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Engineering Statics: Open and Interactive

Section 2.5 Unit Vectors

A unit vector is a vector with a magnitude of one and no units. As such, a unit vector represents a pure direction. By convention, a unit vector is indicated by a hat over a vector symbol. This may sound like a new concept, but it’s a simple one, directly related to the unit circle, the Pythagorean Theorem, and the definitions of sine and cosine.

Subsection 2.5.1 Cartesian Unit Vectors

A unit vector can point in any direction, but because they occur so frequently the unit vectors in each of the three Cartesian coordinate directions are given their own symbols, which are:
  • \(\ihat\text{,}\) for the unit vector pointing in the \(x\) direction,
  • \(\jhat\text{,}\) for the unit vector pointing in the \(y\) direction, and
  • \(\khat\text{,}\) for the unit vector pointing in the \(z\) direction..


This interactive shows the graphical relations between the unit vector \(\hat{\vec{F}}\) and the unit circle. \(\ihat\) and \(\jhat\) are the standard unit vectors in the \(x\) and \(y\) directions.
Figure 2.5.1. Unit Vector Interactive
Applying the Pythagorean Theorem to the triangle gives the equation for a unit circle
\begin{equation*} \cos^2 \theta + \sin^2 \theta = 1^2 \end{equation*}
No matter what angle a unit vector makes with the \(x\) axis, \(\cos \theta\) and \(\sin \theta\) are its scalar components. This relation assumes that the angle \(\theta\) is measured from the \(x\) axis, if it is measured from the \(y\) axis the sine and cosine functions reverse, with \(\sin \theta\) defining the horizontal component and the \(\cos\ \theta\) defining the vertical component.
The \(x\) and \(y\) components of a point on the unit circle are also the scalar components of \(\hat{\vec{F}}\text{,}\) so
\begin{equation*} \left.\begin{aligned} F_x \amp = \cos \theta\\ F_y \amp = \sin \theta\\ \end{aligned}\right\} \implies \hat{\vec{F}} = \langle \cos \theta, \sin \theta \rangle\text{.} \end{equation*}

Subsection 2.5.2 Relation between Vectors and Unit Vectors

When a purely-directional unit vector is multiplied by a scalar value it is scaled by that amount. For example, when a unit vector pointing to the right is multiplied by \(\N{ 100}\) the result is a \(\N{100}\) vector pointing to the right. When a unit vector pointing up is multiplied by \(\N{ -50}\text{,}\) the negative magnitude flips the direction of the unit vector and the result is a \(\N{50}\) vector pointing down.
In general,
\begin{equation} \vec{F} = |\vec{F}|\ \hat{\vec{F}}\text{,}\tag{2.5.1} \end{equation}
where \(|\vec{F}|\) is the magnitude of vector \(\vec{F}\text{,}\) and \(\hat{\vec{F}}\) is the unit vector pointing in the direction of \(\vec{F}\text{.}\)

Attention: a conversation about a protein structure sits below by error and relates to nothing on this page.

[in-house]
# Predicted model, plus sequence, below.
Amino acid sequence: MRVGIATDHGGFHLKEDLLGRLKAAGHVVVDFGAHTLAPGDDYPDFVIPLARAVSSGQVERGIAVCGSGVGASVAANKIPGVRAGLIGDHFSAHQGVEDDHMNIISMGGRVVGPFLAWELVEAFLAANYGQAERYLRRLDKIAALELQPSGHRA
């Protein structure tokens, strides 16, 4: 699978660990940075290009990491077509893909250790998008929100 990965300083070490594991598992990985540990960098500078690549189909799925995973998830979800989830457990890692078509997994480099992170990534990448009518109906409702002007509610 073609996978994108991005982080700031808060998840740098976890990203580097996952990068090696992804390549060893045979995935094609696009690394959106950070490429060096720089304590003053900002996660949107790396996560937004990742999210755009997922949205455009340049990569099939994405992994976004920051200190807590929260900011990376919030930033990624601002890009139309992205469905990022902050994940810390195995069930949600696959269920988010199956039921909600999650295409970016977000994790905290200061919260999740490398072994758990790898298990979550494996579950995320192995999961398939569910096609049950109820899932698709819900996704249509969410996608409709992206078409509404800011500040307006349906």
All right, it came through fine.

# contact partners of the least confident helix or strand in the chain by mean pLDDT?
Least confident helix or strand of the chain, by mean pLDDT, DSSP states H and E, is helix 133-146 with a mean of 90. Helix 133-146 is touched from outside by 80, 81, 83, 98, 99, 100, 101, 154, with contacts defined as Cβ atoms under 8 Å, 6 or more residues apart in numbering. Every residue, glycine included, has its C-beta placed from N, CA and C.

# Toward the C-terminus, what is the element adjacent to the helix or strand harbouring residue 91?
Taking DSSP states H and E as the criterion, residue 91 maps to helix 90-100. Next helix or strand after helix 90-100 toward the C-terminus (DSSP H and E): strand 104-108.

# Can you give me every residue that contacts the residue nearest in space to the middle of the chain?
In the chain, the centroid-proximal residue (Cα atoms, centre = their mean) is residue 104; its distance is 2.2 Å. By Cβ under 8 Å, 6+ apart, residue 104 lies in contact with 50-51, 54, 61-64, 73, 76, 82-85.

Solving equation (2.5.1) for \(\hat{\vec{F}}\) gives the approach to find the unit vector of known vector \(\vec{F}\text{.}\)
The process is straightforward— divide the vector by its magnitude.
\begin{equation} \hat{\vec{F}}=\frac{\vec{F}}{| \vec{F} | }\tag{2.5.2} \end{equation}
To emphasize that unit vectors are pure direction, recall that vectors consist of both a magnitude and direction, so when we divide a vector by its own magnitude we are just left with direction.
\begin{equation*} \textrm{unit vector} = \frac{\vec{F}}{| \vec{F} | } = \frac{\textrm{[vector]}}{\textrm{[magnitude]}}=\frac{\cancel{\textrm{[magnitude]}} \cdot\textrm{[direction]}}{\cancel{\textrm{[magnitude]}}} = \textrm{[direction]} \end{equation*}
This interactive shows vector \(\vec{F}\text{,}\) its associated unit vector \(\hat{\vec{F}}\text{,}\) and expressions for \(\vec{F}\) in terms of its unit vector \(\hat{\vec{F}}\text{.}\)


This interactive shows the graphical expression and component values of force \(\vec{F}\) and its unit vector \(\hat{\mathbf{F}}\text{.}\)
Figure 2.5.2. Unit Vectors

Example 2.5.3. Find unit vector of a force.

Find the unit vector corresponding to a \(\N{100}\) force at 60° above the positive \(x\)-axis.
\begin{equation*} \hat{\vec{F}} = (1\; ; 60°) = \langle \cos 60°, \sin 60° \rangle \end{equation*}
In polar coordinates, the unit vector is a vector of magnitude 1, pointing in the same direction as the force, so, by inspection
\begin{align*} \vec{F} \amp = (\N{100}\, ; 60°)\\ \hat{\vec{F}} \amp = (1\, ; 60°) \end{align*}
In rectangular coordinates, first express \(\vec{F}\) in terms of its \(x\) and \(y\) components.
\begin{equation*} \left.\begin{aligned} F_x \amp = F \cos 60°\\ F_y \amp = F \sin 60°\\ \end{aligned}\right\} \implies \vec{F} = \langle F \cos 60°, F \sin 60° \rangle\text{.} \end{equation*}
\begin{equation*} \hat{\vec{F}} = \frac{\vec{F}}{F} = \frac{ \langle \N{100} \cos 60°, \N{100} \sin 60° \rangle} {\N{100}} = \langle \cos 60°, \sin 60° \rangle \end{equation*}

Subsection 2.5.3 Force Vectors from Position Vectors

Unit vectors are generally the best approach when working with forces and distances in three dimensions.
For example, when the locations of two points on the line of action of a force are known, the unit vector of the line of action can be found and used to determine the components of the force acting along that line. This can be accomplished as follows, where \(A\) and \(B\) are points on the line of action.
  1. Use the problem geometry to find \(\vec{AB}\text{,}\) the displacement vector from point \(A\) to point \(B\text{.}\)
    You can either subtract the coordinates of the starting point \(A\) from the coordinates of the destination point \(B\text{,}\)